Again speaking generally, I'd say more of the business traffic from west of the Mississippi is more spread out across the LA area, so even ignoring other dynamics at play, I'd say LAX would still receive a lions share of the TransCon & TransOceanic traffic.

With regards to FLL & MIA, FLL & MIA are very close to each other, but you could make a good argument that they are completely different markets.

I think the difference with MIA/FLL and the LA situation has a lot more to do with FLL being a good substitute for MIA as opposed to it being a separate market. FLL has no slot restrictions, no noise restrictions, no perimeter rule, is fairly close to Miami and by being just off I-95 makes Dade county readily accessible for those willing to face a bit more traffic in return for lower fares. That allowed LCCs to flood FLL and make the airport into what it is now. No alternative airport in the LA checks that many boxes. So no, it’s not because FLL and MIA are different markets, it’s because they are indeed fairly interchangeable that makes FLL such a draw.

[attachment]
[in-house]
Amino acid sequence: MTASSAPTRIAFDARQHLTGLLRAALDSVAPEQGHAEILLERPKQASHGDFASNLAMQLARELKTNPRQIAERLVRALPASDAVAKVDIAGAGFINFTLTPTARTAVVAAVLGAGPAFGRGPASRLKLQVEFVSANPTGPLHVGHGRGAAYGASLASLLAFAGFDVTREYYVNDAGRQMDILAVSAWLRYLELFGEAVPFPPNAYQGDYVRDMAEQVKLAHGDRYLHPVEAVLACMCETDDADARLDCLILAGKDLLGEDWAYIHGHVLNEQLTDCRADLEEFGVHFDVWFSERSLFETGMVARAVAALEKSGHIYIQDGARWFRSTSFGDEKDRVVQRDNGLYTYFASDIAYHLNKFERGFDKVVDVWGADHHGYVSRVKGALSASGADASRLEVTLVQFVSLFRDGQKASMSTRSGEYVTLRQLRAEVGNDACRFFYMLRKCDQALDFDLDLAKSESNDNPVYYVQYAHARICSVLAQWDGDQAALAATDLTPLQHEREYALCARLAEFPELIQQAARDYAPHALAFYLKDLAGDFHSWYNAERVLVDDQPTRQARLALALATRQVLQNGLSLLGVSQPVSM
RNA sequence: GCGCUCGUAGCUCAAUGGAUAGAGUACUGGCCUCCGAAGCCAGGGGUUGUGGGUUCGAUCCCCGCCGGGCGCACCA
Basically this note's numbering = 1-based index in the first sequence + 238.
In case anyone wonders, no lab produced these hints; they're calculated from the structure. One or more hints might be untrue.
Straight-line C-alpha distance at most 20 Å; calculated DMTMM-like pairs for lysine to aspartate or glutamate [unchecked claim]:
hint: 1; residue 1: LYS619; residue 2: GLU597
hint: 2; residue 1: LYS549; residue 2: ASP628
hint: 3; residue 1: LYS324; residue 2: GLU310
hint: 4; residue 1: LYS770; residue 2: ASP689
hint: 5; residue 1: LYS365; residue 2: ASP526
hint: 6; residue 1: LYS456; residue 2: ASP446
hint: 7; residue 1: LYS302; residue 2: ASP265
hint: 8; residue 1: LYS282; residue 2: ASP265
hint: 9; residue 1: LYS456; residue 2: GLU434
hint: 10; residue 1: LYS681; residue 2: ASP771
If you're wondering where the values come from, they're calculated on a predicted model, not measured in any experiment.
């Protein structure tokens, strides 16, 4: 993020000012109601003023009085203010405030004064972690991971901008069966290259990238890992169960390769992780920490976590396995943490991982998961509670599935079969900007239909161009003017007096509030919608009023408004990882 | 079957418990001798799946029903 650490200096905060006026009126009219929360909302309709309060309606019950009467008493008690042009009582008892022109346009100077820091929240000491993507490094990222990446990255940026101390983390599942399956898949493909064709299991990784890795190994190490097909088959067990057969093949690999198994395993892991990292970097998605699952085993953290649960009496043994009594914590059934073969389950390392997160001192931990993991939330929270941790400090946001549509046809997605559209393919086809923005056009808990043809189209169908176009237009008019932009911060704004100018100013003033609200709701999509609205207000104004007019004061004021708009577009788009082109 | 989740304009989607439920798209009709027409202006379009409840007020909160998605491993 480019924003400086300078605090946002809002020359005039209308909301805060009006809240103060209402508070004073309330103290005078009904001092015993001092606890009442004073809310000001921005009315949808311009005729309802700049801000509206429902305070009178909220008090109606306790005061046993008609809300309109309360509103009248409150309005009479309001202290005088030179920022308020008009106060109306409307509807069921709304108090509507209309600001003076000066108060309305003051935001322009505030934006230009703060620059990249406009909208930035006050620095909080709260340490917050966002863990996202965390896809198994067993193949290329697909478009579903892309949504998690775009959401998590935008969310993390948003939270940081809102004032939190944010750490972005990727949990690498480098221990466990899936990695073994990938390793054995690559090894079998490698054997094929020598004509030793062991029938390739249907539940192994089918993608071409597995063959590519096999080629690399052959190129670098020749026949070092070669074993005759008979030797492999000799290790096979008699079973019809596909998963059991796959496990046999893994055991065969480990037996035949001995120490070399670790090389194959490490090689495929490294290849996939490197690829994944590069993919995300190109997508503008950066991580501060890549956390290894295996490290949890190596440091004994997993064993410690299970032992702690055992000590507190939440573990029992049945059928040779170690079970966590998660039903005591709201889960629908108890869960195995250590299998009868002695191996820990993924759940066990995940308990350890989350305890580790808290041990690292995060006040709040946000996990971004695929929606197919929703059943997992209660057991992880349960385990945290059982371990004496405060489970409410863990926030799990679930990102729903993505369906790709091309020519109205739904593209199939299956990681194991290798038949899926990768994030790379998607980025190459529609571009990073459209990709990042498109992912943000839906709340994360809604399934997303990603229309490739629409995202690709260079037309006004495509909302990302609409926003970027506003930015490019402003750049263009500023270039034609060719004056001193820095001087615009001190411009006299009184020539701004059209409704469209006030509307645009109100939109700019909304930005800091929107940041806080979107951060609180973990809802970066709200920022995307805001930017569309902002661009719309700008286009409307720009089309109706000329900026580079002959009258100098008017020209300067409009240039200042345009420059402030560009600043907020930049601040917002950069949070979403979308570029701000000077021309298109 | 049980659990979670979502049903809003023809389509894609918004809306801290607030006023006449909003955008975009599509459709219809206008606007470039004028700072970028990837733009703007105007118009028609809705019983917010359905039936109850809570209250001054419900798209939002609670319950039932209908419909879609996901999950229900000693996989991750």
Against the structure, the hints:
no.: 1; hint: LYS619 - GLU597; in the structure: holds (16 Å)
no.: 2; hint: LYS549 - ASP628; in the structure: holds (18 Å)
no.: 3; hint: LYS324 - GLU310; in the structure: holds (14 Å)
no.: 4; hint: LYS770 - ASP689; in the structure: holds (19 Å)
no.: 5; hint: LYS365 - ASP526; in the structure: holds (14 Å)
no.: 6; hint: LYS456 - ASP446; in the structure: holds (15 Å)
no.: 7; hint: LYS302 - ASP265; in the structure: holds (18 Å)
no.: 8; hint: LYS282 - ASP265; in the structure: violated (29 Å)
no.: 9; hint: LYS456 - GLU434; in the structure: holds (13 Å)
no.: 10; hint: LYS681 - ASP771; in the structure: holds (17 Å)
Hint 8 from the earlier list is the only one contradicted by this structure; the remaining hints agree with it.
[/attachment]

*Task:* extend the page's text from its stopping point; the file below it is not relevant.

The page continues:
Good points except that Miami also had no perimeter rule, nor does SNA, ONT, LGB or BUR. They have range limits due to fuel to weight needed.
 
rbavfan
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Re: Why is LAX so dominant in the LA Region?

Sun May 09, 2021 7:22 am

Ishrion wrote:
DCA350 wrote:
I guess my question is why none of the other airports developed into a real viable secondary option.. LGB would seemingly be the perfect FLL/BWI style airport with proper investment. Is it regulations or are people simply satisfied with the status quo?


LGB is slot restricted. JetBlue wanted to launch international flights out of LGB, but the city council rejected the plans to create a customs facility at LGB. JetBlue ended up leaving LGB last year and shifted its LA focus city to LAX. Southwest took over most of JetBlue's slots and added new routes to DAL/HNL/OGG and more.

As for other airports near LAX: